Preharvest Fruit Drop in Huanglongbing-affected ‘Valencia’ Sweet Orange

in Journal of the American Society for Horticultural Science
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  • 1 Citrus Research and Education Center, University of Florida/IFAS, 700 Experiment Station Road, Lake Alfred, FL 33850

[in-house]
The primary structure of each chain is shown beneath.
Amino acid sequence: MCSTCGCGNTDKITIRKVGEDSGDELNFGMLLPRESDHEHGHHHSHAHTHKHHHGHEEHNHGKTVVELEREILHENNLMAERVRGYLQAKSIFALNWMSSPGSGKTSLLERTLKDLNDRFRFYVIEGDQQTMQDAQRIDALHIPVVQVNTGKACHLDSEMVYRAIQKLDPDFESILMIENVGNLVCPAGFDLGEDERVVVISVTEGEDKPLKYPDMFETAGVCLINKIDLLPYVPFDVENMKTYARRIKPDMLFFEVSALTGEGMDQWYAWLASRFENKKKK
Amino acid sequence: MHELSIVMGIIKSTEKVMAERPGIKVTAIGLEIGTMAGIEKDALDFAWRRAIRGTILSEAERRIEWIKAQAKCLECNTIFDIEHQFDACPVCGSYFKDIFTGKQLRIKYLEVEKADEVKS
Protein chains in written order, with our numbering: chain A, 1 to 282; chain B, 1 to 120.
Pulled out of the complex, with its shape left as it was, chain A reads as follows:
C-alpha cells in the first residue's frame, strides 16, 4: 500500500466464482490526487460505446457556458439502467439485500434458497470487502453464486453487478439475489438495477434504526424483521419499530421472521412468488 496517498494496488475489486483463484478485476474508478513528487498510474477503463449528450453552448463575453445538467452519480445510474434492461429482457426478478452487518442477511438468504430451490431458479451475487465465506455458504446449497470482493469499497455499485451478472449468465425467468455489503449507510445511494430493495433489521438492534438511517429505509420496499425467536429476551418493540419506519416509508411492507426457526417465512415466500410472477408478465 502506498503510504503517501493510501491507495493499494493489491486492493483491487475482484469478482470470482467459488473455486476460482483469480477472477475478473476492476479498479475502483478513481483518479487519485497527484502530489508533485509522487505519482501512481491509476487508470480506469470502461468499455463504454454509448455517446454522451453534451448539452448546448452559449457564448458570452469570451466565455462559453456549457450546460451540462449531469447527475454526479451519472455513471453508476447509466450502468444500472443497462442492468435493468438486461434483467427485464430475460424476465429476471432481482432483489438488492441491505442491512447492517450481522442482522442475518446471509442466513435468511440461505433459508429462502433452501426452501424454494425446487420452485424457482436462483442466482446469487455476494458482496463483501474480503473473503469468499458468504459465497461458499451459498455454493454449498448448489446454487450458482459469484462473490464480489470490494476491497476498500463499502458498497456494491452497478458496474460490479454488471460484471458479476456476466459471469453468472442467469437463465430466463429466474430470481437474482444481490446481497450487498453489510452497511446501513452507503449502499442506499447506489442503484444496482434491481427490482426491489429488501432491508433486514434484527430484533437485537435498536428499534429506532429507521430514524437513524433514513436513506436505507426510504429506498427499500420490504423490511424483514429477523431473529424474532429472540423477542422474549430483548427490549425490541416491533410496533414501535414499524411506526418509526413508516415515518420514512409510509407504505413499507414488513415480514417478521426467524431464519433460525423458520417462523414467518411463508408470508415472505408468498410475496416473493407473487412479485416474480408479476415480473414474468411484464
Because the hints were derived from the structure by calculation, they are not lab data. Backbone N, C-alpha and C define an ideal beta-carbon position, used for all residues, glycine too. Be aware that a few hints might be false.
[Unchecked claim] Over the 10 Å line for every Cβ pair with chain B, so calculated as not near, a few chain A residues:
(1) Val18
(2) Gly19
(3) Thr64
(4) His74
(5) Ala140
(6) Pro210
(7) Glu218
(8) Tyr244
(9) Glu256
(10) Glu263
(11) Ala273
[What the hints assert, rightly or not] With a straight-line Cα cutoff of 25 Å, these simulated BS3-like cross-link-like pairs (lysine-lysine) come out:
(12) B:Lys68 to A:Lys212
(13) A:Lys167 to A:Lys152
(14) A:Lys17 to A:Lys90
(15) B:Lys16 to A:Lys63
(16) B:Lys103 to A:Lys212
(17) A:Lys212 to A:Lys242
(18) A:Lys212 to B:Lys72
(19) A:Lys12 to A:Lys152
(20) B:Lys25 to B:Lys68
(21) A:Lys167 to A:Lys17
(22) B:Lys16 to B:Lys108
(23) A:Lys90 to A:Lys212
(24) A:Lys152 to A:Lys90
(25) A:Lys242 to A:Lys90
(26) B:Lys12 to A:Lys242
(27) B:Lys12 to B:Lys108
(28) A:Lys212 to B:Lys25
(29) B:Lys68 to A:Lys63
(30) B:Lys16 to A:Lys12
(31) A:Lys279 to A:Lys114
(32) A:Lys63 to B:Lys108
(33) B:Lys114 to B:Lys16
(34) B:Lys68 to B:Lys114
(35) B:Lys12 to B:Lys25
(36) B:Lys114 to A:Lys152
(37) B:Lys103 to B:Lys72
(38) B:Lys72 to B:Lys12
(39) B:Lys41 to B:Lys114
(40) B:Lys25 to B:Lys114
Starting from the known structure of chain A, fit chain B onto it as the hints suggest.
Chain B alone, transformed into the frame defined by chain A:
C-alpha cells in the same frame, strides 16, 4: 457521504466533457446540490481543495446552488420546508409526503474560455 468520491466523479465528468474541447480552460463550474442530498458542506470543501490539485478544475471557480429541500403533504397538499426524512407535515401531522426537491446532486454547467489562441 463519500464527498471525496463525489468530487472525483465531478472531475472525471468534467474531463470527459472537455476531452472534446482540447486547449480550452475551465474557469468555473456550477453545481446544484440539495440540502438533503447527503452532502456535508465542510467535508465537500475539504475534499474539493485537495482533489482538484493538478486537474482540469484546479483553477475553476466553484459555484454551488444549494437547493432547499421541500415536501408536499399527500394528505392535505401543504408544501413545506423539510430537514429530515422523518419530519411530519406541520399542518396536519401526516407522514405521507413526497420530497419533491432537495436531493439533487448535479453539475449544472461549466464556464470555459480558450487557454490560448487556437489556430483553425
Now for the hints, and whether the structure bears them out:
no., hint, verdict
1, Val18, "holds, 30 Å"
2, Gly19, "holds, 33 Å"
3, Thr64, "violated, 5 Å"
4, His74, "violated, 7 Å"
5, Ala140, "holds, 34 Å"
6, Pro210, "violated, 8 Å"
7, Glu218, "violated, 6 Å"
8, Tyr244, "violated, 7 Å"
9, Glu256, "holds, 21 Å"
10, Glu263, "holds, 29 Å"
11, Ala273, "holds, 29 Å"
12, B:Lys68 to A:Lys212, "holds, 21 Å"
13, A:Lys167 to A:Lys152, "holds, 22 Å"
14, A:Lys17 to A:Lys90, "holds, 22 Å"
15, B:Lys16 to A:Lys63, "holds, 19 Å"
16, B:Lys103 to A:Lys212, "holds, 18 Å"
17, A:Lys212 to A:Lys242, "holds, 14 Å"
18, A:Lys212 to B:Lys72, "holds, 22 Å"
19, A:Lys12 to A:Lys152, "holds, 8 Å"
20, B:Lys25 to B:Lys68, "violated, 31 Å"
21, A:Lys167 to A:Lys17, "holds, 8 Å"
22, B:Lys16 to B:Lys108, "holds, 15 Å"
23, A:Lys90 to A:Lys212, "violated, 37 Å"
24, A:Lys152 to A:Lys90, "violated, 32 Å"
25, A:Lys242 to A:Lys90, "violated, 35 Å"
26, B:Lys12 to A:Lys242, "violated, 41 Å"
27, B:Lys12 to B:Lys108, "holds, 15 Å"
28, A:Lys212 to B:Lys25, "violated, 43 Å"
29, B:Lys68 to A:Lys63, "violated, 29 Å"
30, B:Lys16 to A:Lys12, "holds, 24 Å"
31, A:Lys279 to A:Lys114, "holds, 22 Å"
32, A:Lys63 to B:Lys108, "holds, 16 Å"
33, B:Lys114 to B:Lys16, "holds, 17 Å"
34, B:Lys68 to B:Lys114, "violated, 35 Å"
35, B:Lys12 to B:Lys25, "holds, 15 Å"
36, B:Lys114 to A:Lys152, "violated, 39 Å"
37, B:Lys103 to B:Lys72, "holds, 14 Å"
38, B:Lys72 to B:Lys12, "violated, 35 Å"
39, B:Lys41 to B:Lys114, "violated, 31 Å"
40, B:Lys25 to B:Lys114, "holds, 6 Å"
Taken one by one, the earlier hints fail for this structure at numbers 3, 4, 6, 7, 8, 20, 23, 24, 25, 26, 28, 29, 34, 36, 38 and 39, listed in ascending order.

For field-grown ‘Valencia’ sweet orange (Citrus sinensis) affected by Huanglongbing [HLB (Candidatus Liberibacter asiaticus (CLas)], trees that displayed more severe HLB symptoms (severe trees) had 74% fruit drop before harvest; however, the drop rate for less symptomatic trees (mild trees) was 45%. For mature fruit (3 weeks before harvest) still attached to the branches, 60% of them from severe trees were “loose fruit” [fruit detachment force (FT) < 6 kgf]. In contrast, only 13% of the attached fruit from the mild trees were loose. Overall, fresh weight and size of loose fruit were lower than “tight fruit” (FT > 6 kgf). Irrespective of the symptom levels of trees, the concentrations of glucose, fructose, and inositol in juice of loose fruit were the same or larger than those of tight fruit, suggesting that the shortage of carbohydrates is not the dominant cause of HLB-associated preharvest fruit drop. Expression levels of the cell wall modification genes encoding cellulase (endo-1,4-β-glucanase), polygalacturonase, and pectate lyase were greater in the calyx abscission zones of loose fruit compared to tight fruit, indicating that cell separation was occurring in the former at the time of collection. No differences in the expression levels of genes encoding the ethylene biosynthesis enzymes, including 1-aminocyclopropane-1-carboxylic acid (ACC) synthase (ACS) and ACC oxidase (ACO), and an ethylene-responsive transcription factor 1 (ERF1) were observed in tissues of loose and tight fruit. Interestingly, ACS, ACO, and EFR1 expressions were lower in calyx abscission zones and in leaves of the severe trees compared with those of mild trees, suggesting an ostensible, HLB-dependent reduction in ethylene biosynthesis and/or signaling close to harvest time. However, the role of ethylene in HLB-associated preharvest fruit drop remains to be determined. The results leave open the possibility of early ethylene production and action before the initiation of fruit abscission.